My experience in my three years of living here is that generally, pigs will fly before a Turkish person will say ‘I’m sorry, I made a mistake,’ at least in so many words. The culture is very Asian in this respect; loss of face is a big deal. Apologizing implies weakness, which is unwise to own up to in a Machiavellian world. This is not to say that apologies are not made: you simply need to be aware of when you are receiving one, for they can be subtle.

I felt a twinge of pity for Marion and the group, who seemed actually nice enough if a bit rigid, waiting there in the back of the boat for M. to appear and make a public admission of his gaffe. Never in a million years, I thought. But of course they don’t know that.

What followed was indeed an apology, although I wonder how many in the group recognized it as such. I suspect that the hyphenated Frenchmen, the ones with Eastern backgrounds, probably got it. Because at the end of it all, it seemed to me that the ones without the hyphens were still looking at me/us with traces of reserve and hurt in their eyes, whereas the others seemed to have accepted us.

M. served dinner, sans issuance of a mea culpa. While they ate, we had a beer and discussed the situation again. After dinner, to my surprise, he pulls out a large bottle of single malt scotch and offers it to all of the guests. (This is also a rather big deal because any imported liquor in Turkey is astronomically expensive.) One woman prefers coffee instead, and although generally drinks consumed outside of meal hours come with a charge, he quite enthusiastically insists that it is no trouble, no charge, and voila – it is ready in the blink of an eye. He fishes around in a trunk somewhere, and what to my wondering eyes should appear but tea lights…

He lights twenty or so and places them around the boat. The effect is lovely, out there on the water under the stars, tiny flames dancing in a hint of a breeze. Soft music plays, whisky flows. People begin to relax and smile and joke. For my part, never one to interact with whole groups, I start initiating conversations with people on an individual basis. One by one, I offer small apologies for not introducing myself sooner, and then we move on to other, more interesting topics. It is fun to alternate between English, French and Turkish. The conversations are fascinating, the people engaging. Later I confer with M. briefly on the status of things. We agree that everyone seems happy. Look at me, he mutters with a chuckle, am I one to light tea lights? Tea lights, for God’s sake… he shakes his head. M., classic lifelong sailor, not hotelier, poet or entertainer; for him, tea lights on a boat is like a sweater on a dog, silly and unnecessary. It is true – for him, he has gone above and beyond. I smile, too, thinking about it. All is good…we have been accepted, good faith has been restored. Finally, yawning, we bid them a happy good night.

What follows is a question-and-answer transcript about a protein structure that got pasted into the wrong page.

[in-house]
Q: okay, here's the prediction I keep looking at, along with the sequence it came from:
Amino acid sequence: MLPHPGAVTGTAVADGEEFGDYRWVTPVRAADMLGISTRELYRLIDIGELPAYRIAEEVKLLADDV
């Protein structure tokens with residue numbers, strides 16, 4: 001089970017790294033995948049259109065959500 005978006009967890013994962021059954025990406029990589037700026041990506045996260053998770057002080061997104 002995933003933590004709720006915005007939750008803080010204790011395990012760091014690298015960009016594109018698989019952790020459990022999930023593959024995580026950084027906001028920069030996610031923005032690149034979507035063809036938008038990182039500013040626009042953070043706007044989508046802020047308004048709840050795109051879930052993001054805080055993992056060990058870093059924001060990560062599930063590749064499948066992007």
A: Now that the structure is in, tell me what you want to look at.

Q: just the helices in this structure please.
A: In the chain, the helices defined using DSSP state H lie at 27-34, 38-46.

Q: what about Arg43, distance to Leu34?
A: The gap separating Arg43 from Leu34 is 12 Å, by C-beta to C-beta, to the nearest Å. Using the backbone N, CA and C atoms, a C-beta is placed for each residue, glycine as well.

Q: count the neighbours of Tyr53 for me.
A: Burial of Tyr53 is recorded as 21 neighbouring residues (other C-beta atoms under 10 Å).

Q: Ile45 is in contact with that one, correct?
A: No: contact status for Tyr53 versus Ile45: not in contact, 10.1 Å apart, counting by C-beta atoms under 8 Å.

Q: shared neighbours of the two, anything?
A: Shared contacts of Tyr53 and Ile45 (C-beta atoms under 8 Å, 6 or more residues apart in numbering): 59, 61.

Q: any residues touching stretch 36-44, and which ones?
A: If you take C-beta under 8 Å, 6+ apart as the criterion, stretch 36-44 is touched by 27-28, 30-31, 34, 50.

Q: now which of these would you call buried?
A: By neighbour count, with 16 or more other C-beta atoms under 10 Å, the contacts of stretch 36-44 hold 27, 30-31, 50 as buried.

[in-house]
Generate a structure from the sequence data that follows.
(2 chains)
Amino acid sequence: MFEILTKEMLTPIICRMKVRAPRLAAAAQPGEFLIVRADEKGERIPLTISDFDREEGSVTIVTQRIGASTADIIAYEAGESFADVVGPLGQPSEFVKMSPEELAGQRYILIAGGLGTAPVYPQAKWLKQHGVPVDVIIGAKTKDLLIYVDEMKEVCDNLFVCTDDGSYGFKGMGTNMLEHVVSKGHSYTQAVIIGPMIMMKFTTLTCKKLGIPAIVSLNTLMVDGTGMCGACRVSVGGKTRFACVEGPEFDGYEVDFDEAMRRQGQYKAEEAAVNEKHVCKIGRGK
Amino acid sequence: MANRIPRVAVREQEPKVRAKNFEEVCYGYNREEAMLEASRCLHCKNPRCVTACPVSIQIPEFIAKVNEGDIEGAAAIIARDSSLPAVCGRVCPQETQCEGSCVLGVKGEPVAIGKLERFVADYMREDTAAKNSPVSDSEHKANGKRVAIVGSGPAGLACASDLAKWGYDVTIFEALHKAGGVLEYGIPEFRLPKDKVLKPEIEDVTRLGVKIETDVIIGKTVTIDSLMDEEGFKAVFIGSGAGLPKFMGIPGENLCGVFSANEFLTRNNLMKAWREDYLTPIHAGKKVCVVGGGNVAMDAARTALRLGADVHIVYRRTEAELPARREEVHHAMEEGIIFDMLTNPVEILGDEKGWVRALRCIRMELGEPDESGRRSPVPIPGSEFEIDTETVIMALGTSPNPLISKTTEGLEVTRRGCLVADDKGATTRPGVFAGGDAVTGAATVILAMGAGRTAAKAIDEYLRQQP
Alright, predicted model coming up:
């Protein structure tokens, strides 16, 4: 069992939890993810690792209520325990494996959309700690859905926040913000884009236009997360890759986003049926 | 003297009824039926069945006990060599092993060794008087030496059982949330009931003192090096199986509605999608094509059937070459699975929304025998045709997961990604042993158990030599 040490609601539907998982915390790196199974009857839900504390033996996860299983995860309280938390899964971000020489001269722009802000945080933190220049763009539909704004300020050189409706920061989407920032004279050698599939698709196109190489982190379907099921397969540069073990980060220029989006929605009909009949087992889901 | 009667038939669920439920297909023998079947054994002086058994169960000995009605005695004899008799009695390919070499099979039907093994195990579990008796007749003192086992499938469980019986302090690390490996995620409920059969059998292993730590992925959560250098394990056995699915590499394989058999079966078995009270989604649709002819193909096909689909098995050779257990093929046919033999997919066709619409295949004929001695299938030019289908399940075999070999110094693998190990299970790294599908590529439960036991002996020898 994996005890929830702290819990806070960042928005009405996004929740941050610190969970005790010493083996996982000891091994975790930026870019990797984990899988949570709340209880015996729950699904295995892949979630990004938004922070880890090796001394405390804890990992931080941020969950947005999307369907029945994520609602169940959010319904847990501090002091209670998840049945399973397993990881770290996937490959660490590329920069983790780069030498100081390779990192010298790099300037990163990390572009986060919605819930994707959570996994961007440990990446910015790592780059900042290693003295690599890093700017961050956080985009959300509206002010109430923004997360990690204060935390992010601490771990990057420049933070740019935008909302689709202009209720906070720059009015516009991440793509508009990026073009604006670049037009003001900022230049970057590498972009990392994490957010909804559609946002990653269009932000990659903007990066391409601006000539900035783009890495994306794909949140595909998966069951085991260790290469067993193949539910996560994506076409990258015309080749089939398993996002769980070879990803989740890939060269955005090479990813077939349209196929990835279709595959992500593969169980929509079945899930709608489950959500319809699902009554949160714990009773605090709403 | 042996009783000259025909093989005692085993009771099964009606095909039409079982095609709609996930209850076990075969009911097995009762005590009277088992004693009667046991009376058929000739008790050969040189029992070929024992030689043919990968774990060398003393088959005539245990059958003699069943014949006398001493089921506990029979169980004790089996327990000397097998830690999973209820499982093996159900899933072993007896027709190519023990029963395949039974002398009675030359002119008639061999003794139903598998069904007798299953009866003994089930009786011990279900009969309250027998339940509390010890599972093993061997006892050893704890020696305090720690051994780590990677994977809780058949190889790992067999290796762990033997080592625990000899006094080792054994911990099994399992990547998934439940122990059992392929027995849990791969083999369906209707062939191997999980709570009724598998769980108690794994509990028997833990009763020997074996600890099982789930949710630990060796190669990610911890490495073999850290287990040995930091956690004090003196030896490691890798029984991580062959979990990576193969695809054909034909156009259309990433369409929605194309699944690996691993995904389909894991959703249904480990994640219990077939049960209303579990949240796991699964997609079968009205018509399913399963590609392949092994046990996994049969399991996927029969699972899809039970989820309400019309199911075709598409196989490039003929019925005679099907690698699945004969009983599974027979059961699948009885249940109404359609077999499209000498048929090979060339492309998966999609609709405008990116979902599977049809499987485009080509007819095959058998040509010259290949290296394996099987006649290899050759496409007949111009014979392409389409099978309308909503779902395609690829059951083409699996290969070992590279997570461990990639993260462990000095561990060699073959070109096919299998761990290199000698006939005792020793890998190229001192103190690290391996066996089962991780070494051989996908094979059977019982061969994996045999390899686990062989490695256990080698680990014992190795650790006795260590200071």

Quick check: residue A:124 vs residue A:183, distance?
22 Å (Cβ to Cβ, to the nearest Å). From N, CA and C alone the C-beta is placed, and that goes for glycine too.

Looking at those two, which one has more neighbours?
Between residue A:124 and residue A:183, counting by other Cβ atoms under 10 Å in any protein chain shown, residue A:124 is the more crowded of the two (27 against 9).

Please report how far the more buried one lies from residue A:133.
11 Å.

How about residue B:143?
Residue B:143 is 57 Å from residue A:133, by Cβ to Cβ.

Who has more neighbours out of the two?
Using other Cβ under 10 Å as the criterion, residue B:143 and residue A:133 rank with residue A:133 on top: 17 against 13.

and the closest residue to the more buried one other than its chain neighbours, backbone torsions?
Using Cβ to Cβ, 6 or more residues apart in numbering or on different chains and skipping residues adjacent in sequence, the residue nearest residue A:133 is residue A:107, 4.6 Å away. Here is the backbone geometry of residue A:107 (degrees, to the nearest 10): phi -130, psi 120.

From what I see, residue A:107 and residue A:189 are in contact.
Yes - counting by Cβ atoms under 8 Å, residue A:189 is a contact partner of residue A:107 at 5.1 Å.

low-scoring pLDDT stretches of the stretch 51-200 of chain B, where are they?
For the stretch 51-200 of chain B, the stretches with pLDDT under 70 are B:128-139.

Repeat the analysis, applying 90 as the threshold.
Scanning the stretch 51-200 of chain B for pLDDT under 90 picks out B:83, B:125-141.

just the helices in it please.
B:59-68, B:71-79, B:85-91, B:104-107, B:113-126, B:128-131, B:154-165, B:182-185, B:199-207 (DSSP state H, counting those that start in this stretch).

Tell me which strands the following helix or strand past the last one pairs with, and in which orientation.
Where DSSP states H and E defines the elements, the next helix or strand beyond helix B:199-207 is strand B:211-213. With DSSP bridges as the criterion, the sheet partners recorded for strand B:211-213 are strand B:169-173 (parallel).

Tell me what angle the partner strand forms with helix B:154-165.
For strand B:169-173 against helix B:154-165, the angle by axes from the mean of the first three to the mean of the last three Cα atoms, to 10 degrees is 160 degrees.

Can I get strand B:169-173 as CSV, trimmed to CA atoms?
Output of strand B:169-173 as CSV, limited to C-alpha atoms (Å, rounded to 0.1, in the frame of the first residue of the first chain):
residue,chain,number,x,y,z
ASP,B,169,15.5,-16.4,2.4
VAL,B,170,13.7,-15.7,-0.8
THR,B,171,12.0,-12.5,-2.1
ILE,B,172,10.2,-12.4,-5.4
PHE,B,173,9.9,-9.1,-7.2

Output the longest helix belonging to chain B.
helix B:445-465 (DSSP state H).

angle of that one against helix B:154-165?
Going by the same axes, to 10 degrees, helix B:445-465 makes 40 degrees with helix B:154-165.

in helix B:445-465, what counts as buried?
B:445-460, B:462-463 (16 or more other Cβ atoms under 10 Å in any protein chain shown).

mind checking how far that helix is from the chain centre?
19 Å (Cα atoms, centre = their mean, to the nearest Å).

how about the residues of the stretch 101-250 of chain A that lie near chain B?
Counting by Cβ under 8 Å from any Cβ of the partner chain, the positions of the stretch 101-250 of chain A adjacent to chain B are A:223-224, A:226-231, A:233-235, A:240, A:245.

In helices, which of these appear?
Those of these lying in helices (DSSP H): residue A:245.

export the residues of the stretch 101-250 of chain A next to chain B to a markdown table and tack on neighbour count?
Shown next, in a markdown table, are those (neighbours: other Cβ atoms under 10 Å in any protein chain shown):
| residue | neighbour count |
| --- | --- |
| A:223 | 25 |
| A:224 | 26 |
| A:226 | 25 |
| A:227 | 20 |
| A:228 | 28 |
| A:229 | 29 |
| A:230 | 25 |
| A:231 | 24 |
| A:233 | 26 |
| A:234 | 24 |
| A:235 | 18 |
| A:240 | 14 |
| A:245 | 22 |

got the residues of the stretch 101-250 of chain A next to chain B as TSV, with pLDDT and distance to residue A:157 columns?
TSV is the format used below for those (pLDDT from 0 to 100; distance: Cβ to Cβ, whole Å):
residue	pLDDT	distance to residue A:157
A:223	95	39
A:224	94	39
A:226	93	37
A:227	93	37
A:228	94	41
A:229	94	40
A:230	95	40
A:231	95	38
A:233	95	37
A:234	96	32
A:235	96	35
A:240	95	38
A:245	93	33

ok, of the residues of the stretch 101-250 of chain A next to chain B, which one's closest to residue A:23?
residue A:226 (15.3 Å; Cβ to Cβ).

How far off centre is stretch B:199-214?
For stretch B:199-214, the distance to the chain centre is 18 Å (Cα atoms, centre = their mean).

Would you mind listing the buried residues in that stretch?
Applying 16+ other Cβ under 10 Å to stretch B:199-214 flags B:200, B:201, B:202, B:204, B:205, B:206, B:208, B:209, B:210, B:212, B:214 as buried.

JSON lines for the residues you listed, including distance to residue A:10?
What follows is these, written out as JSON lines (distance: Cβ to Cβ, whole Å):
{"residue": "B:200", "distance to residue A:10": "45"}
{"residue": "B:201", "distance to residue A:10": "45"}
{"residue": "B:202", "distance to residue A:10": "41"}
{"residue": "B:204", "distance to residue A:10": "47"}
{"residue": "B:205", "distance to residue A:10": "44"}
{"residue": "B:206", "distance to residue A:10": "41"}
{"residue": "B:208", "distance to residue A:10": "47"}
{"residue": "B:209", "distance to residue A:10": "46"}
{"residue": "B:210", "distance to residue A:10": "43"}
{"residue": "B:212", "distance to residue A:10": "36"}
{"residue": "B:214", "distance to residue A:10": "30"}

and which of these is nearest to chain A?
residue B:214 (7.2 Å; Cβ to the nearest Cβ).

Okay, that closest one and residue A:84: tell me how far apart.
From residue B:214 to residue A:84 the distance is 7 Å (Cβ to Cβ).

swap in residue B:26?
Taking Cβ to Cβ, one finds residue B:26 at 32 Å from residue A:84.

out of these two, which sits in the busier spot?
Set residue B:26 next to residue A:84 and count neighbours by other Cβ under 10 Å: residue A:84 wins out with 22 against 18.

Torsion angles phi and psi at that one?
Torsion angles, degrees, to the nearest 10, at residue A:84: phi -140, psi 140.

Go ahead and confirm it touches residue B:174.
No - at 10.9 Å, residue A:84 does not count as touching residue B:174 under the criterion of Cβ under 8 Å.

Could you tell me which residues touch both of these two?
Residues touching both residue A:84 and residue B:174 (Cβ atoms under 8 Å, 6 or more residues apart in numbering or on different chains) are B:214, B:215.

Wednesday, August 26, 2009

Wednesday is Pazar Day

People occasionally ask me when, or if, I intend to return to the U.S. I have never been able to successfully answer that question, not being a great planner, but the pros and cons of staying do have a way of sloshing around in my psyche, and depending on the angle at which I am currently tilted, there are times when the beaches of my soul catch a lot more of one than another. Today there is a current of 'pros;' I find myself walking with a spring in my step and a happy upward tilt of the chin. There are things to love here, I am reminded again...

One of the many reasons to stay that is as small as it is wonderful is the local pazar. Although the word resembles the English bazaar, the meaning is quite different: whereas the English word bazaar conjures images of trinkets, antiques and handicrafts, a Turkish pazar is typically an open-air market where what is sold is approximately half fruit and vegetables, the other half clothes, shoes, belts, handbags, bedsheets and such.

My neighborhood, Bostanli, is famous for the pazar that sprouts up every Wednesday a block behind my house. People make the trip in from all parts of the city to enjoy an assault to the senses. For the eyes, the riotous colors of the produce, the headscarves of the local ladies, the wildly-patterned textiles on offer; for the ears, the shouts and cries of the vendors, exhorting, extolling, cajoling, a veritable opera of veggie salesmanship; for the nerve endings in the skin, the pushing and bumping of the wheeled carts and amply upholstered, sweaty bodies, and the tickle from overhead of dangling textiles; for the nose, the aromas that waft from the mountains of tomatoes and peppers, the pungent cheese counters, the aromatic meat being prepared on small grills just outside the pazar perimeters; all form part of a curiously adrenaline-inducing experience.